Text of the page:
It was the spring of 2012.
Bobby Petrino, thanks to a gift for crafting football schemes that made up for an equally-gifted scheming mind, had redeemed himself. His Arizona Razorbacks had gone 11-2 the previous season, finishing third in the always competitive Southeastern Conference.
If things had gone slightly differently, they may have played in a national championship. Instead, they had won the Cotton Bowl, a 29-16 win over a talented Kansas State team.
Life was good. Despite the fact that Petrino had bolted from the NFL's Atlanta Falcons in the midst of a dreadful 3-10 record only four years before. Despite the fact that, before that, he signed a 10-year contract with the University of Louisville, only to leave in the first year of the deal.
All was forgiven: He was a winner, and that was enough.
Then Petrino got into a motorcycle accident with a woman who was not his wife, a former Arkansas volleyball player who he had hired earlier that year. Then he lied to his employer and to fans, saying that he was alone on that fateful trip, before finally being fired.
That was in April. Soon after, Petrino made a desperate call.
An unlikely ally
People forget how big of a deal it was when Petrino left Louisville after the 2006 season.
The offensive wizard had been with the program since 1998 and had spent the last four years as its head coach. More importantly, he had raised the team to new heights. The Cardinals had 11 wins in 2005 and 12 wins in 2006, the second and third time in school history that they had won at least 11 games.
Louisville was fresh off a 24-13 win over Wake Forest in the Orange Bowl when its coach suddenly decided to jump ship for the Atlanta Falcons.
He made the decision despite the fact that he was only one year into his 10-year contract that was supposed to pay him more than $25 million.
That choice was most painful to Louisville's athletic director, Tom Jurich, who had hired Petrino in 2003. It's difficult to find top-level head coaches at a Big East program, and Louisville had just moved over from the tiny Conference USA only two years before.
Jurich could have been angry, could have been upset and, at the time, he was at the very least shocked. The team that had become a national powerhouse suddenly struggled through 6-6, 5-7 and 4-8 records in the next three years.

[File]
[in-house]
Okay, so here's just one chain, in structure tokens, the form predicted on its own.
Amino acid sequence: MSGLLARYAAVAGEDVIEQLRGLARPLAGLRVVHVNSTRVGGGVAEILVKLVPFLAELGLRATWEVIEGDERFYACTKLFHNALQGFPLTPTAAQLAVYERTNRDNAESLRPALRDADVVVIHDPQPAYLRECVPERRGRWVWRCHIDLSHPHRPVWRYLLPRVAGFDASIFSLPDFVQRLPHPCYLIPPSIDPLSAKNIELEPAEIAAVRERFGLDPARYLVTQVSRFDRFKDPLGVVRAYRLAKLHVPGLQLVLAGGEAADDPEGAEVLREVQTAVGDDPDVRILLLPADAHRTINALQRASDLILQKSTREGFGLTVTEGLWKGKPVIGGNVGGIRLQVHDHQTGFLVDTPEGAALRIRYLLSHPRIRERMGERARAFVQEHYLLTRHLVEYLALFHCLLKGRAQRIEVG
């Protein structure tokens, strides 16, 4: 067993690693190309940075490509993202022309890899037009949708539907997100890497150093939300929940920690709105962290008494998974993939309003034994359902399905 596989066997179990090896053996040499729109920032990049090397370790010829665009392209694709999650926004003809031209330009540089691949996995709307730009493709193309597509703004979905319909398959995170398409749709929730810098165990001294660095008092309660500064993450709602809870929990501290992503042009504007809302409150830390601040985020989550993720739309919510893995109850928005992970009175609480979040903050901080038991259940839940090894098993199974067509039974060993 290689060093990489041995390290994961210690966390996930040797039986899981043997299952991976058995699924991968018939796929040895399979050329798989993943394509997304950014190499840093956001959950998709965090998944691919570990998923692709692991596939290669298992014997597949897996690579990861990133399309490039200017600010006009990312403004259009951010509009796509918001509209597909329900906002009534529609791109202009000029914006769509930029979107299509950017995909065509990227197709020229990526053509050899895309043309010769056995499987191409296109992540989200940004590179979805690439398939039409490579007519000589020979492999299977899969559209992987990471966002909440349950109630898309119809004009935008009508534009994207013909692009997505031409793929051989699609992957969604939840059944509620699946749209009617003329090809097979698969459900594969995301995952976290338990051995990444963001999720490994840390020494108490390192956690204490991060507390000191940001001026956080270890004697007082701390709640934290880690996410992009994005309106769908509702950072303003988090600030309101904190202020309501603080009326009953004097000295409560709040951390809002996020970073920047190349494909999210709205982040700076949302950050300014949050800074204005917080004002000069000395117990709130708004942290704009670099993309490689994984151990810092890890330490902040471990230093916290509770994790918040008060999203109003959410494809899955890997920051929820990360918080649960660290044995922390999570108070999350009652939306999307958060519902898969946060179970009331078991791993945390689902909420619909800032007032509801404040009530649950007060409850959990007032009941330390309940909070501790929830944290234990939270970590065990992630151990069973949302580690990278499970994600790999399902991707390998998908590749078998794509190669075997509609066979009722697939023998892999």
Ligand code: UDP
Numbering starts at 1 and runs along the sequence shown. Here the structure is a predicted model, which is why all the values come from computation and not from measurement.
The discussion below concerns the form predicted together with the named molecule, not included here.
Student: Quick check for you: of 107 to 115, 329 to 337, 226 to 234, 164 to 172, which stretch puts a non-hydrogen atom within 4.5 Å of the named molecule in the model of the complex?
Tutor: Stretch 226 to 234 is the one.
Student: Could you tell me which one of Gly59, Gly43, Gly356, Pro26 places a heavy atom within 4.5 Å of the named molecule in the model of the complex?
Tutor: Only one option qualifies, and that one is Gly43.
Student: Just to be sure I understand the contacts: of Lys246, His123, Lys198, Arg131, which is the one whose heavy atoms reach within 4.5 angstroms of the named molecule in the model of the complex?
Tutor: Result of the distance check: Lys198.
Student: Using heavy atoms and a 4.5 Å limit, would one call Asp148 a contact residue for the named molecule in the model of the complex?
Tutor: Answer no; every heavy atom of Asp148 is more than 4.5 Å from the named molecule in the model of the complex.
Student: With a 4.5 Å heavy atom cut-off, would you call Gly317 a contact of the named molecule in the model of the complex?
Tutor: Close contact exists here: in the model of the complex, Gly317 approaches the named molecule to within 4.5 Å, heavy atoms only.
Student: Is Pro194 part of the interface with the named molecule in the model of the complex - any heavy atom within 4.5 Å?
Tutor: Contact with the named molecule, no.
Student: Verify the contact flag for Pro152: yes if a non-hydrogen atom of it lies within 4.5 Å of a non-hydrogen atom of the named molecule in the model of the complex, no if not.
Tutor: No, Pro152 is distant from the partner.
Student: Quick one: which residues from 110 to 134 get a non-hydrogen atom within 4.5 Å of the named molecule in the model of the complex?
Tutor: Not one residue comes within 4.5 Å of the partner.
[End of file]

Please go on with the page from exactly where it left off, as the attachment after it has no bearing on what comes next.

It was the spring of 2012 and, for some reason, Jurich decided to pick up the phone when his former coach called looking for redemption.
Return to Louisville
Petrino wanted to meet face-to-face, according to an ESPN report, and after Jurich agreed, the shamed coach packed up his car and drove 600 miles to talk with the athletic director he had turned his back on years ago.
They met for three hours and then made their separate ways once more. Because Petrino has always been an excellent coach despite his wandering eyes, he got another chance, this time with lowly Western Kentucky. He turned in an 8-4 season with the Sun Belt Conference school.
And when Charlie Strong decided to head to Texas after a successful 11-2 season with the Cardinals, the road back home was complete.
Jurich decided to bring Petrino back to Louisville, despite a cacophony of criticism and widespread concern: After such betrayal, how could you accept the coach back with open arms?
But the contract came with some safeguards, including a $10 million buyout, meaning that any school who would poach Petrino before the end of his seven-year deal would have to pay that enormous sum.
Now it will be up to Petrino to prove his old friend's trust was justified.